When columnist Sean Kirst announced he was leaving The Syracuse Post-Standard, there was a public outpouring of appreciation and loss.  Described as the heart and soul and the face of the paper, Kirst had chronicled the trials, tribulations, and triumphs of the city and its people.  On this edition of the Campbell Conversations, host Grant Reeher talks with Kirst about his decision to leave, the place of writing in his life, his future plans, the newspaper, and some pressing local issues.

Tom Magnarelli / WRVO News

The majority of Onondaga County residents that came out to a public hearing Tuesday in Liverpool on government consolidation in the county were concerned about two issues: their taxes going up and having less access to public officials.

Gino Geruntino / WRVO News File Photo

The Oswego Common Council is repealing a recently enacted law that requires city employees to live within 15 miles of downtown Oswego. In a 6-1 vote Monday, the council voted to repeal the residency requirement almost a year after it was added to the charter. Mayor Billy Barlow said it's a burden to families who may have to live in another area that has the services their families need. And, he said it hinders the hiring process.

Ellen Abbott / WRVO News

Last week was a bad week for historic buildings in Syracuse.  First, the city’s Land Bank demolished what was known as the Gothic Cottage, a more than 150-year-old historic home on South Salina Street.  A day later, a portion of a more than century old four-story brick building on South Salina Street’s 300 block collapsed. The building was vacant, but created a gaping hole and a dangerous situation for anyone who ventured nearby. The city demolished the building over the weekend.

World Bank Photo Collection

As New York state moves towards eradicating AIDS, there's one demographic where the disease continues to grow: the community of color. Syracuse isn’t immune to this trend, so advocates are trying new strategies to reach this population.

ACR Health AIDS educator Lanika Mabrey of Syracuse said her story is pretty typical. She didn’t realize her mother had AIDS until after she died six years ago. 

Ellen Abbott / WRVO News

Community activists in Syracuse are calling on Onondaga County to make changes in policies that prevent family members from seeing deceased loved ones at the medical examiner’s office in a timely manner. This often involves who are pronounced dead at a crime scene, instead of a hospital.

Tom Magnarelli / WRVO News file photo

There were more questions than answers at one of the first public hearings in Onondaga County on government consolidation since a report was released in January by Consensus CNY. Syracuse city residents spoke passionately and are concerned they will have less of a voice if city and county governments merge.

Ellen Abbott / WRVO News

Change in the way government is organized could be on the way to Onondaga County. The first step towards a municipal government that includes both the city of Syracuse and Onondaga County has taken place with the release of the Consensus CNY commission’s preliminary report.

WRVO News

2015 was a banner year for kidney transplants at Upstate University Hospital in Syracuse. Surgeons performed 80 transplants, the most ever.

For the last 25 years, doctors at Upstate averaged about 30-40 kidney transplants a year, according to transplant chief Rainer Gruessner.

“The institution made a commitment to transplantation," Gruessner said. "More people came on board in terms of faculty and staff. New York State is underserved in terms of transplant facilities. And, that all contributed to the fact that last year the most kidney transplants were done at upstate.”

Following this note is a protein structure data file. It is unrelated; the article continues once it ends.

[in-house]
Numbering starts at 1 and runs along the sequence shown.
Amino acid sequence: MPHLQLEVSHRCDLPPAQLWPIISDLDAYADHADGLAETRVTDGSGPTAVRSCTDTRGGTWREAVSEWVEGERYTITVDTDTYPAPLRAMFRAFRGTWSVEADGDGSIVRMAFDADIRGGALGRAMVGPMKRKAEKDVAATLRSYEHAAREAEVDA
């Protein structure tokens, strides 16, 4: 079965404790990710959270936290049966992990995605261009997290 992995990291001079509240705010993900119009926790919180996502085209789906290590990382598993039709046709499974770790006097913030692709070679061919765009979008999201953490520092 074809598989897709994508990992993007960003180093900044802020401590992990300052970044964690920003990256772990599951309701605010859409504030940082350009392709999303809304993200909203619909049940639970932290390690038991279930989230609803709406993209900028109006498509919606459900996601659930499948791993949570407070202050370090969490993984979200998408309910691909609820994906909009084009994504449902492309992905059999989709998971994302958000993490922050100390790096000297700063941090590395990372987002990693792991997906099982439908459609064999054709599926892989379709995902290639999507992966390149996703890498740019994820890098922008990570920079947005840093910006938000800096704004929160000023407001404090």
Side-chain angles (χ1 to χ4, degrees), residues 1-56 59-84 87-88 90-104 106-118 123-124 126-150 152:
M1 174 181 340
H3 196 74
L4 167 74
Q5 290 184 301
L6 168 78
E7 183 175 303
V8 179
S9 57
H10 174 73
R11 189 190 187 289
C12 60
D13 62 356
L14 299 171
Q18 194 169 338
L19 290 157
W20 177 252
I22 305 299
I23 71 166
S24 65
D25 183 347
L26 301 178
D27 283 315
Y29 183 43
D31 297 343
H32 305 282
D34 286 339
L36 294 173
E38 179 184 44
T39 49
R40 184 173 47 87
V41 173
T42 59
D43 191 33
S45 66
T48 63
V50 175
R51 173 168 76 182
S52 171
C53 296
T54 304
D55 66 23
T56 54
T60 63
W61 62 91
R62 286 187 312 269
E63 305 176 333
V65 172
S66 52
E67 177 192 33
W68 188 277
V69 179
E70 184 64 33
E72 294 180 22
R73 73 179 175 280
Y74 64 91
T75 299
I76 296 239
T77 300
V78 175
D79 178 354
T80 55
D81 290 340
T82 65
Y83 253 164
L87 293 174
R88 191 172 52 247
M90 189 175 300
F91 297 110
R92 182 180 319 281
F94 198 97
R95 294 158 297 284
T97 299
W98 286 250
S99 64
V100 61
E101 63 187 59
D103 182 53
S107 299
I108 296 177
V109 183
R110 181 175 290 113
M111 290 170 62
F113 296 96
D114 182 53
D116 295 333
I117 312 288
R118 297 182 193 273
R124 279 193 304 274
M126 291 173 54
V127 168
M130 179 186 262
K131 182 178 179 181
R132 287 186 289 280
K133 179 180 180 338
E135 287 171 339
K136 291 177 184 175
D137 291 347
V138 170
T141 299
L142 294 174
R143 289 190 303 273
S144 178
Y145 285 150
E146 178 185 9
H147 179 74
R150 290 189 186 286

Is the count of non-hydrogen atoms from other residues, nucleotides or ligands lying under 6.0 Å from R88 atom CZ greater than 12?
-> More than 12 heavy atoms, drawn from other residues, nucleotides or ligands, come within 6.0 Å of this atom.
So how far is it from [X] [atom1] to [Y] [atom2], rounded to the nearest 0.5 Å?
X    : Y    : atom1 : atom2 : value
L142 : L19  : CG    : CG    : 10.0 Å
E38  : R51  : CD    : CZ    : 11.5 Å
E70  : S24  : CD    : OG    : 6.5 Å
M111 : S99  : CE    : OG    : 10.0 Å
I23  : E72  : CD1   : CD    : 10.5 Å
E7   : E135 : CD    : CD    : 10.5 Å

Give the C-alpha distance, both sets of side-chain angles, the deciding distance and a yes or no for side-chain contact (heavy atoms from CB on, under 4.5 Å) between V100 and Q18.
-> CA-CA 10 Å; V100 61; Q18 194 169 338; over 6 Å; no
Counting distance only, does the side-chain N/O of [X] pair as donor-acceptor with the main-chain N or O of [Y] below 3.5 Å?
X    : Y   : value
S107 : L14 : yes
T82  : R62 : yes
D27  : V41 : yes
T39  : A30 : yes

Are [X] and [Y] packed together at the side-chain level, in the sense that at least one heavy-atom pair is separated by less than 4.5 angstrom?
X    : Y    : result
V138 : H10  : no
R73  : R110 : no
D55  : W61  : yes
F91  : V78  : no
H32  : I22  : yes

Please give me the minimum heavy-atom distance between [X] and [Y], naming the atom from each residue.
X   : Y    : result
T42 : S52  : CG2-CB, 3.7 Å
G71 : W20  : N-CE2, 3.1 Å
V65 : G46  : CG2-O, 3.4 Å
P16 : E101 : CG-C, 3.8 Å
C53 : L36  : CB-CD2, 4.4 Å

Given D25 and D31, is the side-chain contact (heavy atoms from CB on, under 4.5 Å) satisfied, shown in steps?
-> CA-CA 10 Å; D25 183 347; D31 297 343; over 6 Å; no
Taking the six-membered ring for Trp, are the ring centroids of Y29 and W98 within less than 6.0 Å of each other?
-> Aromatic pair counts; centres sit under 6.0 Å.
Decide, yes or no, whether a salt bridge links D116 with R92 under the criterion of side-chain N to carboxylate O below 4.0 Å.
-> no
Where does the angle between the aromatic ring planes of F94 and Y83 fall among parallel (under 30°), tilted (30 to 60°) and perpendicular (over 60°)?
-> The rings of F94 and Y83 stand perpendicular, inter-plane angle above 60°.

Ellen Abbott / WRVO News

The Syracuse Police Department is trying to use technology to get more people to tip them off about criminal activity. A new smartphone app for Apple and Android phones, called SPD Tips, is now available. It allows people to anonymously contact police directly with a tip. It goes along with the 411 tips link on the department's website, according to police Chief Frank Fowler.

Ellen Abbott / WRVO News

Hospitals are using technology to help bridge a gap where there are shortages for certain medical services in rural parts of upstate New York.

Telemedicine is nothing new. Doctors have used Skype-like programs that allow specialists to talk to patients in another geographic area for years, but the practice could take off this year in New York State.

"As of January 1, 2016, New York state legislates that commercial insurers cover telemedicine services," said Jeanette Angeloro, director of outpatient behavioral health at St. Joseph’s Health Center in Syracuse.

Matt Coulter / Syracuse University

The conflict between the City of Syracuse and Onondaga County over tax abatements for the development of the Inner Harbor of the city has raised questions about the working relationship between the mayor and the county executive.  On this week's edition of the Campbell Conversations, host Grant Reeher discusses this conflict with both Mayor Stephanie Miner and County Executive Joanie Mahoney, in their first joint appearance to discuss the issue.  In a spirited but respectful conversation, the two executives set forward their views of what was done, what should have been done, and why.

Matt Coulter / Syracuse University

After listening to WRVO's Friday news excerpt from the Campbell Conversations interview with Syracuse Mayor Stephanie Miner and Onondaga County Executive Joanie Mahoney, the Post-Standard's Chris Baker wrote that it embodied a "a more civil approach to the dialogue than previous exchanges."  I want to expand on that impression.  

Matt Coulter / Syracuse University

WRVO Public Media will air the first joint interview with Syracuse Mayor Stephanie Miner and Onondaga County Executive Joanie Mahoney this weekend during "The Campbell Conversations." This is the first joint interview between Mahoney and Miner since a public dispute (and lawsuit) over county tax breaks given to a developer the city of Syracuse alleges it had previous arrangements with.

Court denies Syracuse bid to regain Inner Harbor land

Dec 31, 2015
Ellen Abbott / WRVO News File Photo

The city of Syracuse will not get back the Inner Harbor land it sold to the real estate development company COR. That was the ruling Wednesday from New York State Supreme Court Justice James Murphy after the city sued COR for the $44-million PILOT (payment-in-lieu-of-taxes) agreement it signed with the Onondaga County Industrial Development Agency.